Cameras

As a photographer I had a lovely time writing occasional articles on my craft for the Daily News. I couldn’t help exaggerate

Cameras: use them or lose them

Daily News Jan 4, 1985

One of the least-known hazards of photography is other photographers, especially those who would rather talk than take pictures.

They generally introduce themselves at the most inopportune time. Queen Elizabeth is roller skating down Gottingen Street and you’ve got it all in your viewfinder when you hear a voice in your ear:

“Hello, I see you’re a photographer. I’ve got three zoom lenses, two camera bodies with motor drives, a couple of automatic flashes with interchangeable power packs, several tripods and studio lights.”

Well, what can you do? If you’ve got any manners, you’ll put down your camera and listen to your well-equipped colleague. You might learn something.

“Really? That’s a lot of zooms. Are they fast enough?”

Skirts flying, the Queen sails past Cornwallis Street, hits a manhole and tumbles headfirst into the mud.

“Why certainly, I just use my flash if I don’t have enough light.”

Sirens wailing, an ambulance screams around a corner on the trail of the mud-caked monarch and runs straight into a busload of flag-waving schoolchildren.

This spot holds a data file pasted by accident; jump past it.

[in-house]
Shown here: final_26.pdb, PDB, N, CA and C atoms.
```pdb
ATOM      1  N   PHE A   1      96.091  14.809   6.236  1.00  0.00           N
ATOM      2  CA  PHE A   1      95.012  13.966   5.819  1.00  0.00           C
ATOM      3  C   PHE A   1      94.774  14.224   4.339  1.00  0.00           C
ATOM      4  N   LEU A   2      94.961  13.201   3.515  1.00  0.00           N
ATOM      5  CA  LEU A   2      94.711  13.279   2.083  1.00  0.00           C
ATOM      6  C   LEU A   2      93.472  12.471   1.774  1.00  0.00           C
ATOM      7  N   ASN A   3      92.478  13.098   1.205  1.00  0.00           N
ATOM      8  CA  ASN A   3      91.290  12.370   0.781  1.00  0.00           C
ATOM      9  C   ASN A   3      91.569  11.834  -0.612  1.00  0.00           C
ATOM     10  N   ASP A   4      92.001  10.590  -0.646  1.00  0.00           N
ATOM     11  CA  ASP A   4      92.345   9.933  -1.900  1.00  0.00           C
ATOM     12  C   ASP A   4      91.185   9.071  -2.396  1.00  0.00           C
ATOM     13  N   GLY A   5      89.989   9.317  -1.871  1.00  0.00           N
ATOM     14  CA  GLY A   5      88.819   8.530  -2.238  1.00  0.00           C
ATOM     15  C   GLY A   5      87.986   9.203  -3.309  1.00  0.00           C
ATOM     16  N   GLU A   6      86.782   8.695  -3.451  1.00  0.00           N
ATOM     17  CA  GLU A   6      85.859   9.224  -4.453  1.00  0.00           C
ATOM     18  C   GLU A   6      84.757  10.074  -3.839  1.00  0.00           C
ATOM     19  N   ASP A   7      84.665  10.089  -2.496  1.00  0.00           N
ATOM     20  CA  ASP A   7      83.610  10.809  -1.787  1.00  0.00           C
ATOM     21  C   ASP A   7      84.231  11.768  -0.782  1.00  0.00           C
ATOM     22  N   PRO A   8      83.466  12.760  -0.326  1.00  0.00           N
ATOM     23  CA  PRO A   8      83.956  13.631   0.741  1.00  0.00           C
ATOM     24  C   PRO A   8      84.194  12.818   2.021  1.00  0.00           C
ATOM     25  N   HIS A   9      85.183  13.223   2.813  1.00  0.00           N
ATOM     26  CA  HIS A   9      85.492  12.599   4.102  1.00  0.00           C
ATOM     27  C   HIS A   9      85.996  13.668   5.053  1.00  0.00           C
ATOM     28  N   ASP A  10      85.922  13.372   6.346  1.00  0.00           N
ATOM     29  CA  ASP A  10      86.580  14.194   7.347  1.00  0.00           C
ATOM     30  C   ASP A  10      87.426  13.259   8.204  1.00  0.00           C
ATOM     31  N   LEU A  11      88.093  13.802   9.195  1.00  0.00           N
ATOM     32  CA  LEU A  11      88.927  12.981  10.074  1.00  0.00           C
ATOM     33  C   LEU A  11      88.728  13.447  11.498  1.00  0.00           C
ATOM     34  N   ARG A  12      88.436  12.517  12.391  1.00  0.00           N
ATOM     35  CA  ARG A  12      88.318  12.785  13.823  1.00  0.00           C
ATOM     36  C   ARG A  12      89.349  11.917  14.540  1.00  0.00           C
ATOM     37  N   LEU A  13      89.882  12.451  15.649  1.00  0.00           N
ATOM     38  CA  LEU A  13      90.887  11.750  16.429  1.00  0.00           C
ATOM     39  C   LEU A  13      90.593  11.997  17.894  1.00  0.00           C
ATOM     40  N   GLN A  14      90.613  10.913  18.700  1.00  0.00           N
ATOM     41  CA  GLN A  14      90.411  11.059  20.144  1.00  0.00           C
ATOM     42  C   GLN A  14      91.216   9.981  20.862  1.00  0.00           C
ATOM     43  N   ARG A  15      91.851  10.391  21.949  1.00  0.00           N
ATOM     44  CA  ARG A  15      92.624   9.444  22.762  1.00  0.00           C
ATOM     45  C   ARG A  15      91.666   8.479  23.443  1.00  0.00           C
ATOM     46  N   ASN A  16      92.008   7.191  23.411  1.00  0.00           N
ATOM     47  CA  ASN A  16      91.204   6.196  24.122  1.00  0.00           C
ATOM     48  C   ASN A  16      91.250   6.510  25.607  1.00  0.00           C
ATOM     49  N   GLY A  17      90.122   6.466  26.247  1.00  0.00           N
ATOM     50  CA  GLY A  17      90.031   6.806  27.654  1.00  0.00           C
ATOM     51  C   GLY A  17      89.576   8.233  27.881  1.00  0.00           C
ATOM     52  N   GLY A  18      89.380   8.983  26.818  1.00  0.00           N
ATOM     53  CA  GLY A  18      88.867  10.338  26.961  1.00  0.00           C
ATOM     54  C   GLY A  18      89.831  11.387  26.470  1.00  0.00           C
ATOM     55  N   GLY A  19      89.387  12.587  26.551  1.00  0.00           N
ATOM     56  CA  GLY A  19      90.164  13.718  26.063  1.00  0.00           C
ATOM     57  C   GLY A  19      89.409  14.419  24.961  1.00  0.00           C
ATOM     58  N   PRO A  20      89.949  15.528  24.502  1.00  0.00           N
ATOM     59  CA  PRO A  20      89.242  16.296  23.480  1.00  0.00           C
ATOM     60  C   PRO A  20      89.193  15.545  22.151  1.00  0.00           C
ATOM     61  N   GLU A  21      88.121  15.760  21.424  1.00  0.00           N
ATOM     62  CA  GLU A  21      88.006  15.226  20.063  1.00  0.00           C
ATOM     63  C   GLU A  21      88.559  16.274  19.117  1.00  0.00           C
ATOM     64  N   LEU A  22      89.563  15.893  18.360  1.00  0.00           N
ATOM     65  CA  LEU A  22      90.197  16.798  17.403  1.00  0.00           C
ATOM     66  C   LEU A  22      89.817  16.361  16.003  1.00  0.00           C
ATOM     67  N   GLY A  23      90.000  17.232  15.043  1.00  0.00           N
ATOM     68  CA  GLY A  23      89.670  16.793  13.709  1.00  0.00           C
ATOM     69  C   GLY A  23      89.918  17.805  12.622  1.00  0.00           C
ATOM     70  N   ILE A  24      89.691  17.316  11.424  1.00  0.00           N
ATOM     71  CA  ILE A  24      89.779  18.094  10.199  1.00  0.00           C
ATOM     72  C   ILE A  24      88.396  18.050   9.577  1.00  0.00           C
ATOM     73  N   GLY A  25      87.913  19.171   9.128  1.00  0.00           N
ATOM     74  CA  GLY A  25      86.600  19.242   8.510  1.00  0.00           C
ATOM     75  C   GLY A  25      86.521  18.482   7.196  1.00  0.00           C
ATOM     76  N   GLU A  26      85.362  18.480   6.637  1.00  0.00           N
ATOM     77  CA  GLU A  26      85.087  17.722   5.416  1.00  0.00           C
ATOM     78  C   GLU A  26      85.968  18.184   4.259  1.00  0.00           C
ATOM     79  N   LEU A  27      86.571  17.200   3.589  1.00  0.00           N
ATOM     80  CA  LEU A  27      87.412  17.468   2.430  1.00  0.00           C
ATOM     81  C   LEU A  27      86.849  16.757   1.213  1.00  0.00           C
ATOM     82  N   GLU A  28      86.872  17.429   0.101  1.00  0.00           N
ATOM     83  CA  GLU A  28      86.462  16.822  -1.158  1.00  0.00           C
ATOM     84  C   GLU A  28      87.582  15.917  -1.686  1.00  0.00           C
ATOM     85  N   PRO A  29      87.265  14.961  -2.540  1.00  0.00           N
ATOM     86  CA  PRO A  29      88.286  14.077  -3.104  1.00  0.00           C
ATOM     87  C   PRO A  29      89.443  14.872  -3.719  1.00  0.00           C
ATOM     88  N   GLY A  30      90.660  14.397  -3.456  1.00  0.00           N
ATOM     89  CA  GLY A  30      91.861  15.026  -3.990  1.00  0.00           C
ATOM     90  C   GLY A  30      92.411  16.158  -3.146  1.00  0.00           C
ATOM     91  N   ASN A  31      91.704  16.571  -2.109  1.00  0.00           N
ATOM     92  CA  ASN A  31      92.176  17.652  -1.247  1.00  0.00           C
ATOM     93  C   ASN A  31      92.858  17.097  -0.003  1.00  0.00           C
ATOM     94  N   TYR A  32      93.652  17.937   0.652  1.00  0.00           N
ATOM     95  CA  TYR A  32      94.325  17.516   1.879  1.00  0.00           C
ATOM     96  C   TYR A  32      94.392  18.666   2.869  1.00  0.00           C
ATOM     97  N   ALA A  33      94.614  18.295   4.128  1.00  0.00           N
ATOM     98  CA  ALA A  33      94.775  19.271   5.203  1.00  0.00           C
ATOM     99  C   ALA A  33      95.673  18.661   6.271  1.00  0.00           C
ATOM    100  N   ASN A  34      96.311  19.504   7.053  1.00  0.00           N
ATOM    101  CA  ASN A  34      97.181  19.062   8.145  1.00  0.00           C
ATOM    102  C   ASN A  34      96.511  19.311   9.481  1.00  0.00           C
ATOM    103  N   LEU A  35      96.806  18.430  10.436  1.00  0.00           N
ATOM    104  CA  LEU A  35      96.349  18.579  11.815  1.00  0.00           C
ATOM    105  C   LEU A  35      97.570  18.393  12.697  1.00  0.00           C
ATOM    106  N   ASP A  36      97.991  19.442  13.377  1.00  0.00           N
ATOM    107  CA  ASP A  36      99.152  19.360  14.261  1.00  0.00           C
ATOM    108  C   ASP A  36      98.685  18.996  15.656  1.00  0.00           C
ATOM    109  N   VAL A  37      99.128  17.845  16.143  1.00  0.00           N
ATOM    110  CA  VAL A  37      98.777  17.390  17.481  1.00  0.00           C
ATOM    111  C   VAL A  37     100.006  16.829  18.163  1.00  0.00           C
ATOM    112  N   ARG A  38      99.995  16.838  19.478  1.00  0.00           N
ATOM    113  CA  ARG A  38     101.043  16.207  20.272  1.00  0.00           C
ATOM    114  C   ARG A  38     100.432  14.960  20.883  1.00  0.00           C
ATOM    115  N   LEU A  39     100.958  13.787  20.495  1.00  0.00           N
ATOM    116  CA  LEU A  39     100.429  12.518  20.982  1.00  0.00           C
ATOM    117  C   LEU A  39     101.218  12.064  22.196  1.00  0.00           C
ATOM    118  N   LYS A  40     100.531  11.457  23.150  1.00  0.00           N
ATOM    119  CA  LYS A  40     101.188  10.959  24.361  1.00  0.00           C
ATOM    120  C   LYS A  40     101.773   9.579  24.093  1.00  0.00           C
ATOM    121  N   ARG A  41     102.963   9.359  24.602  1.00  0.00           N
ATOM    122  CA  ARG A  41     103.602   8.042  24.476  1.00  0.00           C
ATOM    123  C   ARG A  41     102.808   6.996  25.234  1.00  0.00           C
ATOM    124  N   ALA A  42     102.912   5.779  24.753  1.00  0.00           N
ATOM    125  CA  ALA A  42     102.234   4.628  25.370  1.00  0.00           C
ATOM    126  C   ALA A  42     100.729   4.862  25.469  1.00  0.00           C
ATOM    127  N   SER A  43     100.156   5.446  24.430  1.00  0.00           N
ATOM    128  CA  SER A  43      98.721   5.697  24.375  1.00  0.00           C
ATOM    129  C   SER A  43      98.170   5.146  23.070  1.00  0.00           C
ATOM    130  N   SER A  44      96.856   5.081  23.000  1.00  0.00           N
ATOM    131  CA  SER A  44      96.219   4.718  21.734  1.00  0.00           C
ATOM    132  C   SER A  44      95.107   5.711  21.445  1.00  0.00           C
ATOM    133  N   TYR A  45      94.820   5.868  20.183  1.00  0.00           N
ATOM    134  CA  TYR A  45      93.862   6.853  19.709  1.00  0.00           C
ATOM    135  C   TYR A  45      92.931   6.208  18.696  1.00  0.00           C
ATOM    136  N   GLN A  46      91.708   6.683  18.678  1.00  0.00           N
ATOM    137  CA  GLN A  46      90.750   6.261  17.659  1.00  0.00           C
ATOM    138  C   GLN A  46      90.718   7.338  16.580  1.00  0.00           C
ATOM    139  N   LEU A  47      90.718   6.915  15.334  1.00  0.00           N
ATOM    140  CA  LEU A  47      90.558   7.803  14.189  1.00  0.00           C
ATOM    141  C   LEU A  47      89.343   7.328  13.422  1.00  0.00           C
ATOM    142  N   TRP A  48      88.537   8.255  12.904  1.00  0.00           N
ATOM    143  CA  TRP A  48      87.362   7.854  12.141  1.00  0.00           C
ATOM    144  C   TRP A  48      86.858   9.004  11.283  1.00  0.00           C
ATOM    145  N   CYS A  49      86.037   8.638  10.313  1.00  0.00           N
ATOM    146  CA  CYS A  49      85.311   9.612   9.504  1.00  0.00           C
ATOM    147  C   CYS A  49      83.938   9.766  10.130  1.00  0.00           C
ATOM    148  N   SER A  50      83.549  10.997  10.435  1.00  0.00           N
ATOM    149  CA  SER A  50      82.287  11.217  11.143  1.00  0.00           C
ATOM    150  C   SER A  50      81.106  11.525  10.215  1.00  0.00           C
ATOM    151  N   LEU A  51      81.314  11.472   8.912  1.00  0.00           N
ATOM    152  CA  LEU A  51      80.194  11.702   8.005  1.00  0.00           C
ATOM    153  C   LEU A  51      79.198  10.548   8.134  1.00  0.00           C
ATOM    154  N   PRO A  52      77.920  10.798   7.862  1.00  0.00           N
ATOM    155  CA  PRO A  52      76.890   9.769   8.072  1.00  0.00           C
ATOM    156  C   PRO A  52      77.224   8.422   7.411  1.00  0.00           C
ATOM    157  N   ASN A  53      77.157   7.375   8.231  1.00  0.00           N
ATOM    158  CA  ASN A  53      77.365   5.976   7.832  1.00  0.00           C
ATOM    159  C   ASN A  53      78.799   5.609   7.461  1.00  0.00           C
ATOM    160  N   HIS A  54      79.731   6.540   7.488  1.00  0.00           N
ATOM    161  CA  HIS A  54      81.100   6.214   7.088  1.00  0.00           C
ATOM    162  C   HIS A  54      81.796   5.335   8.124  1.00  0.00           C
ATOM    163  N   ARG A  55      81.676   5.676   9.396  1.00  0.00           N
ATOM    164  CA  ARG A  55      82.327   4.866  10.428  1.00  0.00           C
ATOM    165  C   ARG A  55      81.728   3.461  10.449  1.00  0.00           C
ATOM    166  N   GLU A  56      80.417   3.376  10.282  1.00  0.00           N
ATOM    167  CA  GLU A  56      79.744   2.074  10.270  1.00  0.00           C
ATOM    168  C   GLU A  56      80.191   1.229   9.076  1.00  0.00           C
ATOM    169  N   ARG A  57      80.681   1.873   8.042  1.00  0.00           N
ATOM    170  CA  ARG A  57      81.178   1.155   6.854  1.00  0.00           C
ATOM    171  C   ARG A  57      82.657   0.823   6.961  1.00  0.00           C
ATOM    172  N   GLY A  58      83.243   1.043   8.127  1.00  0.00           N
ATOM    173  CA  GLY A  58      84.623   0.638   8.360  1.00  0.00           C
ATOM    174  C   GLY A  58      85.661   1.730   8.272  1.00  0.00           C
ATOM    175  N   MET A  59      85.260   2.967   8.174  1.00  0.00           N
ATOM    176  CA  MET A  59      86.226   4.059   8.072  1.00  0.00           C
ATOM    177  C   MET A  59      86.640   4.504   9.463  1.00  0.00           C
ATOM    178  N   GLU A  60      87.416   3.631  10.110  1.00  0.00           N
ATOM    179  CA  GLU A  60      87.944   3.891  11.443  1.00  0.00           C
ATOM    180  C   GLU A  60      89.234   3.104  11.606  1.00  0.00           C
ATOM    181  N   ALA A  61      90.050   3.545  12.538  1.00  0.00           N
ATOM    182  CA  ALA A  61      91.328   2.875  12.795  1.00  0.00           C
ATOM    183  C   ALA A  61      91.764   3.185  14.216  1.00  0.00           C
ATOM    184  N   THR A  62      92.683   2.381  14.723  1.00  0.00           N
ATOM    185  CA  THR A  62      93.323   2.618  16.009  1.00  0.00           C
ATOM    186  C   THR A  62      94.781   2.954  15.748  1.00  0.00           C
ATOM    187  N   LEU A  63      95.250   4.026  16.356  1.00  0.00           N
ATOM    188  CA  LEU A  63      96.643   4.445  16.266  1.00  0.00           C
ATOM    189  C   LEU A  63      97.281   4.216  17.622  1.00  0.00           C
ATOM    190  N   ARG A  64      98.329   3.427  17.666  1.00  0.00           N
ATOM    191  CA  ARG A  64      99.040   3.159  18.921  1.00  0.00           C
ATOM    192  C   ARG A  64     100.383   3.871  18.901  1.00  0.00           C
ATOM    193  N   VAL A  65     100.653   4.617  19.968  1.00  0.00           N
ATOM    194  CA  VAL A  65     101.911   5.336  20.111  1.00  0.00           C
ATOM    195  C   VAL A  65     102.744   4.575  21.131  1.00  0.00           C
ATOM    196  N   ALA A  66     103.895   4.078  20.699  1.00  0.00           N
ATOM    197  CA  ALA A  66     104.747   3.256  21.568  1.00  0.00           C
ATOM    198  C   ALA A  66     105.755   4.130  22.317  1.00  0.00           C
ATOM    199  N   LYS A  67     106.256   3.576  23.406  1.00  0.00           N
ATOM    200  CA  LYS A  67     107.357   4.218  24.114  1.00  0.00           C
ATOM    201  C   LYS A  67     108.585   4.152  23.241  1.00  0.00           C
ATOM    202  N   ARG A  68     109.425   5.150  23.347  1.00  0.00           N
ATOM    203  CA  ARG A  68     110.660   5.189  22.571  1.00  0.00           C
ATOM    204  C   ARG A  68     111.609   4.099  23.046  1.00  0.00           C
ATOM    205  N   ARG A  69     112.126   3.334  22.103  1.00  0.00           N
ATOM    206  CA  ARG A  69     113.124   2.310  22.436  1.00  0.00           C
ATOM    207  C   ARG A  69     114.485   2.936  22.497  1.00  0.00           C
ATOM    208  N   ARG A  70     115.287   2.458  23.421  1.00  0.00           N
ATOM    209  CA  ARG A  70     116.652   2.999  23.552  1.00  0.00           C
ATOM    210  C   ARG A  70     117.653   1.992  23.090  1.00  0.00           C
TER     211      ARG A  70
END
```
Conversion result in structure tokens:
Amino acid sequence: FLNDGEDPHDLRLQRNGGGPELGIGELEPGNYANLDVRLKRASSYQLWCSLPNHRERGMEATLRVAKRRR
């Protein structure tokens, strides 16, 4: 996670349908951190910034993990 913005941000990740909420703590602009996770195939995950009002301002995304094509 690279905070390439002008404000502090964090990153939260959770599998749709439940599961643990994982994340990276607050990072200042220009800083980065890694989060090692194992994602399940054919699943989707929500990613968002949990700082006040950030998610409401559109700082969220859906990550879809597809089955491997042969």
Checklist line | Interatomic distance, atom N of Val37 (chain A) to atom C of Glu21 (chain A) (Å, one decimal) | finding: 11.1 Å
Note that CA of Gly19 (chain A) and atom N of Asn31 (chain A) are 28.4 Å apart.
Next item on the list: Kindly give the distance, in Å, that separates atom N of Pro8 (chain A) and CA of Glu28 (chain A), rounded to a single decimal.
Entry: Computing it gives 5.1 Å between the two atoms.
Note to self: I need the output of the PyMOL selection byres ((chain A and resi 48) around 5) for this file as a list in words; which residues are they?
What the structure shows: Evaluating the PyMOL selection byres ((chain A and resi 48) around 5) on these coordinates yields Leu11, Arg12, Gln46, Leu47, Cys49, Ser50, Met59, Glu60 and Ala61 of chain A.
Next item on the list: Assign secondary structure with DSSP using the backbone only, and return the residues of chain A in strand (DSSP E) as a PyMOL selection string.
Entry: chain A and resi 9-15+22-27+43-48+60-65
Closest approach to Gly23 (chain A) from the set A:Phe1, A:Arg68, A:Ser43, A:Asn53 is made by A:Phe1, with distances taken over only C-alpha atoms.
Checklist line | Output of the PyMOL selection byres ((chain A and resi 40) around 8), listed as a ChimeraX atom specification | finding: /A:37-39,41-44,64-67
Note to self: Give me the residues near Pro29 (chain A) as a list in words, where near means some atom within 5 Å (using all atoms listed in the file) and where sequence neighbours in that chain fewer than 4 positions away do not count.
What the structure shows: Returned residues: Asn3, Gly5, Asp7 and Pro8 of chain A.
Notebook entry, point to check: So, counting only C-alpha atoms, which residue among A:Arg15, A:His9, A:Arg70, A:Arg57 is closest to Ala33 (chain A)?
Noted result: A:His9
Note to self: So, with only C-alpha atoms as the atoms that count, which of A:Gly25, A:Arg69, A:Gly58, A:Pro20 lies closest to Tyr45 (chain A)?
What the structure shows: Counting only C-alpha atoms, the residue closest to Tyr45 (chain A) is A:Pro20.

“But all those flashes and batteries must be a heavy weight to carry around.”

Screaming children rush from the burning bus. Prince Philip bestows the kiss of life on an unconscious girl as the wreckage explodes behind him.

Certainly is, That’s why I never take it with me. By the way, shouldn’t you be taking pictures of all this?

A military helicopter lands amid the carnage to disgorge a squad of heavily armed paratroopers. “Well I suppose so, I don’t see anybody here from any of the papers. Maybe I can sell it to them. Nice talking to you.”

Riot police begin clearing the streets. “Sorry Bub,” says one of them, “no pictures”.

All of which goes to show that no matter how much equipment you’ve got, it won’t do you any good if you don’t use it.

And most people don’t.

British Journal of Photography once counted the number of cameras sold in one year in the U.K. and compared it with sales of film. The magazine concluded a lot of cameras were sitting bureau drawers most of the year.

It is not unusual, I’m told, for photo labs to process one roll of film with two sets of Christmas snaps on it– one from this year and one from the year before.

Why, we might ask, would perfectly sane people spend millions on photographic gear only to leave it lying in bureau drawers? Because, we might answer, they’ve go the visual equivalent of writer’s block.

And who can blame them? Afer blowing their budgets on all kinds of photographic muscle, they’re expected to take award-winning pictures every time. That’s a recipe for creative consitpation.

Novelists, so the cliche goes, spend hours crumpling up wads of typing paper before they finally come up with the words they want.

Photographers should do the same with film. A roll of black and white could cost you less than an evening in the pub and you don’t have a hangover to moan about next day.

The main thing is to shoot a lot and expect very little. And don’t be surprised if, before you reach the end of a roll, you’ve started working on an idea.

At the very least, you’ll be carrying your camera with you more often. So the next time the Queen goes sailing by on roller skates you’ll be too busy to brag about your equipment.